The 1995 election was the final mayoral election to be partisan. Beginning in 1999 elections have taken place on a non-partisan basis, with a system requiring that a candidate obtain a majority of the vote (if no candidate achieves this in the initial vote, a runoff is held between the top-two finishers). Under this new system, the initial round of voting is held on the last Tuesday of February (when party primaries were formerly scheduled), with any runoff taking place in April.
Additionally, the change in election laws that took effect for the 1999 election raised the number of signatures required for candidates to be included on the ballot from 3,000 to 25,000. This requirement, however, was halved to 12,500 before the 2007 election.
There is not currently, nor has there ever been, a term limit on the mayoralty of Chicago. Terms were originally one year in length before being extended to two years in 1875 by the Cities and Villages Act of 1872. Term length was subsequently further extended to four years in 1907.
Current election laws
There are no term limits for Chicago's mayoral office.
Chicago's mayoral elections are currently nonpartisan. A candidate receiving a majority of votes cast will be declared elected. If no candidate receives a majority of the vote, a runoff election will be held between the two candidates who received the highest and second highest number of votes in the first round. The initial round of voting takes place on the last Tuesday of February, and any runoff takes place in April.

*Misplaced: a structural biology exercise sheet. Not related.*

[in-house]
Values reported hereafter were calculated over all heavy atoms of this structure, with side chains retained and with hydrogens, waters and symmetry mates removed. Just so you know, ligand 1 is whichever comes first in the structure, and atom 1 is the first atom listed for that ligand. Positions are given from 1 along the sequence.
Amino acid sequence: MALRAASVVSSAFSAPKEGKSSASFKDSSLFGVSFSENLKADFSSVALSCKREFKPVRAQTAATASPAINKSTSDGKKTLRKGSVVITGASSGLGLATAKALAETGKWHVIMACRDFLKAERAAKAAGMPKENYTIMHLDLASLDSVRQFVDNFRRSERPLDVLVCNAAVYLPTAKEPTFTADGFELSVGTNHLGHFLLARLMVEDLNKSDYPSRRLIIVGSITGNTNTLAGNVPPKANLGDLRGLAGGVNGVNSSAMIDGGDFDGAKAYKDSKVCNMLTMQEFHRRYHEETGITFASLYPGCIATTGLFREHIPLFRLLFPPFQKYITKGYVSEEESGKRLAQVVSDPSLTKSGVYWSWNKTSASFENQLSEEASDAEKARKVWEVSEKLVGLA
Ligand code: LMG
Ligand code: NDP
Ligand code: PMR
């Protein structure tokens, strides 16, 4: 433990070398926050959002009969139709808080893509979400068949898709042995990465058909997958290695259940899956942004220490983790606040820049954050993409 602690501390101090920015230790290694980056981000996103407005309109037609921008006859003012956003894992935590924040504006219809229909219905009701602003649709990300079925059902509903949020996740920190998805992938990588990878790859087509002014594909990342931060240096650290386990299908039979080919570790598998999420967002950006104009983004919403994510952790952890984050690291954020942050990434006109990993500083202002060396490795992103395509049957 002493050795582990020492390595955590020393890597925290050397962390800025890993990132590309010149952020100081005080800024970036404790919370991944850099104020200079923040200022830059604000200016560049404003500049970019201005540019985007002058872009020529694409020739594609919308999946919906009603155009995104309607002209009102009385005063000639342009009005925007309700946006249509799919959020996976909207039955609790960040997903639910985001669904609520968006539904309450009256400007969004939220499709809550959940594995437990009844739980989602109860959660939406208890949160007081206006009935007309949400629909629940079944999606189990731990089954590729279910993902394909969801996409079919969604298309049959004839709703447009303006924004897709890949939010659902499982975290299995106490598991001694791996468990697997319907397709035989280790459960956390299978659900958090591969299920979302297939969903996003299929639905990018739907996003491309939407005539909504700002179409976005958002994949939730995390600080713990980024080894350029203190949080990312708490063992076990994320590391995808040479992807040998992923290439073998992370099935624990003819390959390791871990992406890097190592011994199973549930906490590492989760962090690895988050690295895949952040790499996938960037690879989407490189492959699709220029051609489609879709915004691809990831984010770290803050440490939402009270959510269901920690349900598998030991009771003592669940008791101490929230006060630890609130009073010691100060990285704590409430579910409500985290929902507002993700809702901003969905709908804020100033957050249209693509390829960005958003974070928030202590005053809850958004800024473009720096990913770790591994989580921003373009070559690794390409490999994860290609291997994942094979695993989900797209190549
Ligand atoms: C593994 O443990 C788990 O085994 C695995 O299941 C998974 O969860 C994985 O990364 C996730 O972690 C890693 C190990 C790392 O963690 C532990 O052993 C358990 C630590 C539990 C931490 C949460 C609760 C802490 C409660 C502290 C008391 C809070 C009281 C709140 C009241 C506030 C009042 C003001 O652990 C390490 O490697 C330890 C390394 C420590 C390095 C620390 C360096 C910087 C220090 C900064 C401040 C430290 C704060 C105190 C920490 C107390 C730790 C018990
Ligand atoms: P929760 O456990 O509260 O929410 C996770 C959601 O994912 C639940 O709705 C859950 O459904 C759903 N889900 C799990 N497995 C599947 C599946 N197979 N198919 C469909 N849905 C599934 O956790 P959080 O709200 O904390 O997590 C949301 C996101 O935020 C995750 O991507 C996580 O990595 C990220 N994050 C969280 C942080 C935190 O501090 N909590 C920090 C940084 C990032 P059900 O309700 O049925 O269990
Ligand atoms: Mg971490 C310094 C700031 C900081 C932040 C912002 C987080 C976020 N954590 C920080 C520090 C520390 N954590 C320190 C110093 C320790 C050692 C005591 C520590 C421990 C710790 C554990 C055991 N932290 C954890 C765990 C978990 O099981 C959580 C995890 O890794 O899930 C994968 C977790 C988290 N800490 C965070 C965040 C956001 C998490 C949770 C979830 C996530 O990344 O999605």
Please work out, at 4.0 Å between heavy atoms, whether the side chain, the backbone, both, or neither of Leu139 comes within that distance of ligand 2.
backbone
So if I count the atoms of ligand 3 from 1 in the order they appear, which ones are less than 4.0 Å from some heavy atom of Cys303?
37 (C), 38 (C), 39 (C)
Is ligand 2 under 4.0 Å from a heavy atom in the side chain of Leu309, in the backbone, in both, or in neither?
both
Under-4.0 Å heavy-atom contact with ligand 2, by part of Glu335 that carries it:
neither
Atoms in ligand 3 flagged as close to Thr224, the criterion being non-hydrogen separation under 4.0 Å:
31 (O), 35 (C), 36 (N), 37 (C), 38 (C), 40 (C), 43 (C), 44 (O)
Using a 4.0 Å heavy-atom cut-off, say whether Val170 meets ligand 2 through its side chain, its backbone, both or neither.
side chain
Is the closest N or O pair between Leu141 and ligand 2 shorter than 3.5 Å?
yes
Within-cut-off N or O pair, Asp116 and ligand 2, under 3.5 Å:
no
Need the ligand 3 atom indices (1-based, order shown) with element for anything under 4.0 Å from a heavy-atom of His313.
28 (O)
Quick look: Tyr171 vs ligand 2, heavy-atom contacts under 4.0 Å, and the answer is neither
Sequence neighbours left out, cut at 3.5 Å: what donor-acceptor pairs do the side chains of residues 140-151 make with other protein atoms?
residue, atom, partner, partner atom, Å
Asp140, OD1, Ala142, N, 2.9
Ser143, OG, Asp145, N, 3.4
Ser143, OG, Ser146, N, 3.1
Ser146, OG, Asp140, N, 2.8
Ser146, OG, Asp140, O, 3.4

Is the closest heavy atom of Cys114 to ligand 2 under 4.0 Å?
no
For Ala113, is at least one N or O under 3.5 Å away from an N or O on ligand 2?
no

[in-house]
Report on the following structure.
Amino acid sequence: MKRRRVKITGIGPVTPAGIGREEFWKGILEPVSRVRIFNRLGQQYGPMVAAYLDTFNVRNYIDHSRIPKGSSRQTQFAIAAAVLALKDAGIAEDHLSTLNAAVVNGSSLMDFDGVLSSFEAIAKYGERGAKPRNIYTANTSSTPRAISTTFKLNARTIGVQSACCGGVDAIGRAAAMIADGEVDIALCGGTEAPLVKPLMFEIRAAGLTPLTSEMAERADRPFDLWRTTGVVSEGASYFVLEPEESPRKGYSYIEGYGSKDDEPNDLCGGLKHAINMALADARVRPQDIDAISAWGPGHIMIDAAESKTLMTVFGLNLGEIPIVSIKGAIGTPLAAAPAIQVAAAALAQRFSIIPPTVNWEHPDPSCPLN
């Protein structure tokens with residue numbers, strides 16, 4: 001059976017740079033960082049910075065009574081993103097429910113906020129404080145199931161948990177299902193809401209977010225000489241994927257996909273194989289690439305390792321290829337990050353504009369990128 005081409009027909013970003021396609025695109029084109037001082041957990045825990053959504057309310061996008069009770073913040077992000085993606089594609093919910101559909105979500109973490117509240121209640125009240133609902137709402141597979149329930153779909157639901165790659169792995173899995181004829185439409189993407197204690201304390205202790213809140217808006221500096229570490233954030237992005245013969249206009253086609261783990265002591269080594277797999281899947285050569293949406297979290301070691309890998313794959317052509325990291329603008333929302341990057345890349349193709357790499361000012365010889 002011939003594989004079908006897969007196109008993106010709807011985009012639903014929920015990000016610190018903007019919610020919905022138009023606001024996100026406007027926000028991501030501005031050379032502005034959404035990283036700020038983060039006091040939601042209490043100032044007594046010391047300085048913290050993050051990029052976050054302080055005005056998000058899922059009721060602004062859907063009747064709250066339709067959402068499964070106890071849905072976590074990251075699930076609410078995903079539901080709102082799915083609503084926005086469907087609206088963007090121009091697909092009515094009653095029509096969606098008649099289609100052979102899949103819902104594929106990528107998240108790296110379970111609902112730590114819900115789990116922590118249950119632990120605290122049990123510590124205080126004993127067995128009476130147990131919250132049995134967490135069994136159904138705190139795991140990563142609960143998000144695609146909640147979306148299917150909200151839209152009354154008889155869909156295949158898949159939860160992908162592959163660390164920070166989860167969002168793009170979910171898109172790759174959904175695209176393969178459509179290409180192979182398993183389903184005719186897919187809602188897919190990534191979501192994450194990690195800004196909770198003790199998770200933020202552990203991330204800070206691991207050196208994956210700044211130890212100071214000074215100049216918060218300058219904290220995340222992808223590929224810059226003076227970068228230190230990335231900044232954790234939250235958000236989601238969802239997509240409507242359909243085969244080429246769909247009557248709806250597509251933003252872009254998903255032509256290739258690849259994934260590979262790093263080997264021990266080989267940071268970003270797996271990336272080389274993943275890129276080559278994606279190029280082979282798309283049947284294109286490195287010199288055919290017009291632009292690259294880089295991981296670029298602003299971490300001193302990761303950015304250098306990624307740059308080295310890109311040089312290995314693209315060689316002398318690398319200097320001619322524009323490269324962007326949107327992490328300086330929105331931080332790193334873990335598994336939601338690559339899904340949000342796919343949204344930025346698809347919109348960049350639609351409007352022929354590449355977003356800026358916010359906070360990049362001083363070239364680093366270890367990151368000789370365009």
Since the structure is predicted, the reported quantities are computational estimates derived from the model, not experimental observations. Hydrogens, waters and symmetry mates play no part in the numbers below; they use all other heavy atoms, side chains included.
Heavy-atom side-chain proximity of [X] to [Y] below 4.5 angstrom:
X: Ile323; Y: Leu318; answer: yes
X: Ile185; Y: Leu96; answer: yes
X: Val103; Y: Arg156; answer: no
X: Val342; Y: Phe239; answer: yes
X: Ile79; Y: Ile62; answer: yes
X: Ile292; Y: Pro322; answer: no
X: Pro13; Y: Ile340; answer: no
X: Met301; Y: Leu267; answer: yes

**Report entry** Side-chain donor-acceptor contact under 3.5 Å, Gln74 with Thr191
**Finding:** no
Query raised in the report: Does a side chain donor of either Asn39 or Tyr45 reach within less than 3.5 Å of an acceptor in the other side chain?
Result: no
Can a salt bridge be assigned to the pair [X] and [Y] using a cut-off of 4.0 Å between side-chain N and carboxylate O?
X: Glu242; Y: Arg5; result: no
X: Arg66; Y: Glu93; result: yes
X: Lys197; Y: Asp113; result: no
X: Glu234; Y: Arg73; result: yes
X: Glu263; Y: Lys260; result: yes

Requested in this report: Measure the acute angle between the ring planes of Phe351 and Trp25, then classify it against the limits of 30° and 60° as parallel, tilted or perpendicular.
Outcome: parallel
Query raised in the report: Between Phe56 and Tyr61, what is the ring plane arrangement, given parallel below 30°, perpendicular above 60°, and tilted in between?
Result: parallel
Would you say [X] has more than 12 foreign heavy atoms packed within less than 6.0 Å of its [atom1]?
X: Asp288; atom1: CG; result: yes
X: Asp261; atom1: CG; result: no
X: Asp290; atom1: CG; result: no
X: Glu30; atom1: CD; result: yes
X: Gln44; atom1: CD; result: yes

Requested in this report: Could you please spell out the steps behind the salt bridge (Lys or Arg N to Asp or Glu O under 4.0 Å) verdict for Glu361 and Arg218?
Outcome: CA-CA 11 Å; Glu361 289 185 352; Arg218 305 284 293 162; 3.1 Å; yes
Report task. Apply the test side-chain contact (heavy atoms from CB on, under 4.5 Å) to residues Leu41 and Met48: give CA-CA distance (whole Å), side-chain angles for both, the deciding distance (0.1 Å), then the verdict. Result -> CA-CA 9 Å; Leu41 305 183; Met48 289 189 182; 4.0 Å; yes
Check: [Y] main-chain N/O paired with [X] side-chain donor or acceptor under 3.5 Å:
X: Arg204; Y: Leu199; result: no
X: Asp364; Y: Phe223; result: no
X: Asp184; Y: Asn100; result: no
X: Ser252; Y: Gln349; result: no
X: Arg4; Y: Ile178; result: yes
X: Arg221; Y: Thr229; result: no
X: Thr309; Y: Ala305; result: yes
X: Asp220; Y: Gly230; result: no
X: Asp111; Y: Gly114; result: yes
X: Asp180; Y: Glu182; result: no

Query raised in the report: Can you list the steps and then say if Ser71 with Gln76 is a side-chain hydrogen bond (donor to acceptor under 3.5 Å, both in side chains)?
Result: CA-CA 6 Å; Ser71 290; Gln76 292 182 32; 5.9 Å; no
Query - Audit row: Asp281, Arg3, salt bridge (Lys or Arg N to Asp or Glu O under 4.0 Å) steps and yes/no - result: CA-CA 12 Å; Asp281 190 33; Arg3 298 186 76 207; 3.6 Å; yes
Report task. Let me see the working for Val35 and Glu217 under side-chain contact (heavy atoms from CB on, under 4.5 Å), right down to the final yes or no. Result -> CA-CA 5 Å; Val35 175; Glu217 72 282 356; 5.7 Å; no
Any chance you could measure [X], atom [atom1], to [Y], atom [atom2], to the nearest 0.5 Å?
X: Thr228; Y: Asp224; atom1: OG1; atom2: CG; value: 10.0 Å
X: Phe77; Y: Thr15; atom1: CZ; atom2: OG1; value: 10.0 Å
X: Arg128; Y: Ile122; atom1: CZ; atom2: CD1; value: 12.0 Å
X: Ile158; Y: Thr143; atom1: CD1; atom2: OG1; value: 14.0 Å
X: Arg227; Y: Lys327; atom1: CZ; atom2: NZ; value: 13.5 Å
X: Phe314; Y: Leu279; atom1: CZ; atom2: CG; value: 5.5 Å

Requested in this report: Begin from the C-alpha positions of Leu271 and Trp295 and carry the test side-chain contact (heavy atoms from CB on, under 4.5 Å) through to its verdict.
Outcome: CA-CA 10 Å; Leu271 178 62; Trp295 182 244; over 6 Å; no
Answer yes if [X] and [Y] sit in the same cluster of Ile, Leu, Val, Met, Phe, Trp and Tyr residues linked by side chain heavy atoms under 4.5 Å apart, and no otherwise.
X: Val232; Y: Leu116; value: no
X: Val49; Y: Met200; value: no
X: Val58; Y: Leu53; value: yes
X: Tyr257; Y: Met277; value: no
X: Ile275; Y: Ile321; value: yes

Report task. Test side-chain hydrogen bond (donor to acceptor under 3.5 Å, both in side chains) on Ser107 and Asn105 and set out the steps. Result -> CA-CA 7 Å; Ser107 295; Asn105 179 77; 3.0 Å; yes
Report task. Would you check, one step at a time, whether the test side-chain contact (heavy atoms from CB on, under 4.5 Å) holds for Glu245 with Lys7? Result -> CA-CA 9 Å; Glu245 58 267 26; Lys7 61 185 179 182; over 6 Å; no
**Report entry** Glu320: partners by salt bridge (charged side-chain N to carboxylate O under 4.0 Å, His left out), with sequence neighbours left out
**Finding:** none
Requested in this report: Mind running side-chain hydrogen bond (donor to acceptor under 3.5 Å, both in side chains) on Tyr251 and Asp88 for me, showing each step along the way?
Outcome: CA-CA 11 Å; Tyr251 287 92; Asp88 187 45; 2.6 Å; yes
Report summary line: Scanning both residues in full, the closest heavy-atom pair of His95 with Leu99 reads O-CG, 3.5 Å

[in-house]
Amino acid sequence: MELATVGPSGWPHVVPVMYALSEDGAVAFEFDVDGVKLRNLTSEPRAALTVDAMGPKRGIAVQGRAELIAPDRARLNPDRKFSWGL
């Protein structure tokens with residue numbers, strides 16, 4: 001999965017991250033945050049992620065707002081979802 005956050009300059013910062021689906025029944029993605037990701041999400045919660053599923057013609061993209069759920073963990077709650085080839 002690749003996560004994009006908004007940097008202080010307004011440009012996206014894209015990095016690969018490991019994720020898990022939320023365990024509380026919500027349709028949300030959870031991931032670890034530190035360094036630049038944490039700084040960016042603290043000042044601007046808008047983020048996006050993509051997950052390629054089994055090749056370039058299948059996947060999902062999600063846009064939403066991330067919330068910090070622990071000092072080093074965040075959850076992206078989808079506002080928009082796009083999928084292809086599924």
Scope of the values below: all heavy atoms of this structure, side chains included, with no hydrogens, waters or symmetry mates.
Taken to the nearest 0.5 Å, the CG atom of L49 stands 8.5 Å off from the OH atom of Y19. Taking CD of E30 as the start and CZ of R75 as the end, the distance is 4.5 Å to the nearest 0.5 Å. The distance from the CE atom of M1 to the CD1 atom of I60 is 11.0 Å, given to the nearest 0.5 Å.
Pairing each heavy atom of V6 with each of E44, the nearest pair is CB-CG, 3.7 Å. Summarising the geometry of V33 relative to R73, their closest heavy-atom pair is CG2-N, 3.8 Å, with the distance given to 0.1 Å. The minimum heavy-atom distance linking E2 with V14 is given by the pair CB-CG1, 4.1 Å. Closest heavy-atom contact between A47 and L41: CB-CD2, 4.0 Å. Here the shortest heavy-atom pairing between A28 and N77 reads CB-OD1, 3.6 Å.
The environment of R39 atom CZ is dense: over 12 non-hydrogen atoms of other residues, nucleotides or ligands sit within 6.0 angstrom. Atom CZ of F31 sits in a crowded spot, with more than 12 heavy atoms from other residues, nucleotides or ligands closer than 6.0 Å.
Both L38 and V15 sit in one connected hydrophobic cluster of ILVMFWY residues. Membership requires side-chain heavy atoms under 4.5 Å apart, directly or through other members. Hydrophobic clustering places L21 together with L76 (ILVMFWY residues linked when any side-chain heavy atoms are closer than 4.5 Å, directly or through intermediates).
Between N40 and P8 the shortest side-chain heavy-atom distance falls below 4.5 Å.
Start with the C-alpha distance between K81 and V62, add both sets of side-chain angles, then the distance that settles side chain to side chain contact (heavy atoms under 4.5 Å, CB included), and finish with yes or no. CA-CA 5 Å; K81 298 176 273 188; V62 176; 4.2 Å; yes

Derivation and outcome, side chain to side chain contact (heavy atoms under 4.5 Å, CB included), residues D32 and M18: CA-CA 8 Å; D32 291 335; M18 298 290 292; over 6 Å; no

Mayoral candidates must be a registered voter who has resided in the City of Chicago for at least one year before the date of the election.
Individuals will be barred from taking office if, at the time required for them to take the oath of office, they are in arrears in the payment of tax or other indebtedness due to the City of Chicago. They will also be unable to take office if they have been convicted in any United States court of any infamous crime, bribery, perjury, or other felony.
A term of office lasts four years, from the third Monday in May until a successor is elected and qualified to assume office.
In order to be included on the ballot candidates must submit 12,500 valid signatures. Signatures cannot be collected more than four months in advance of the submission of a candidate's petition. Individuals are not permitted to sign multiple candidates' petitions, they may sign only a single mayoral candidate's petition.
Any candidate may have their petition challenged. Those candidates with properly-filed challenges against their petitions will have their candidature subjected to hearings and procedures which will to assess the validity of their petitions.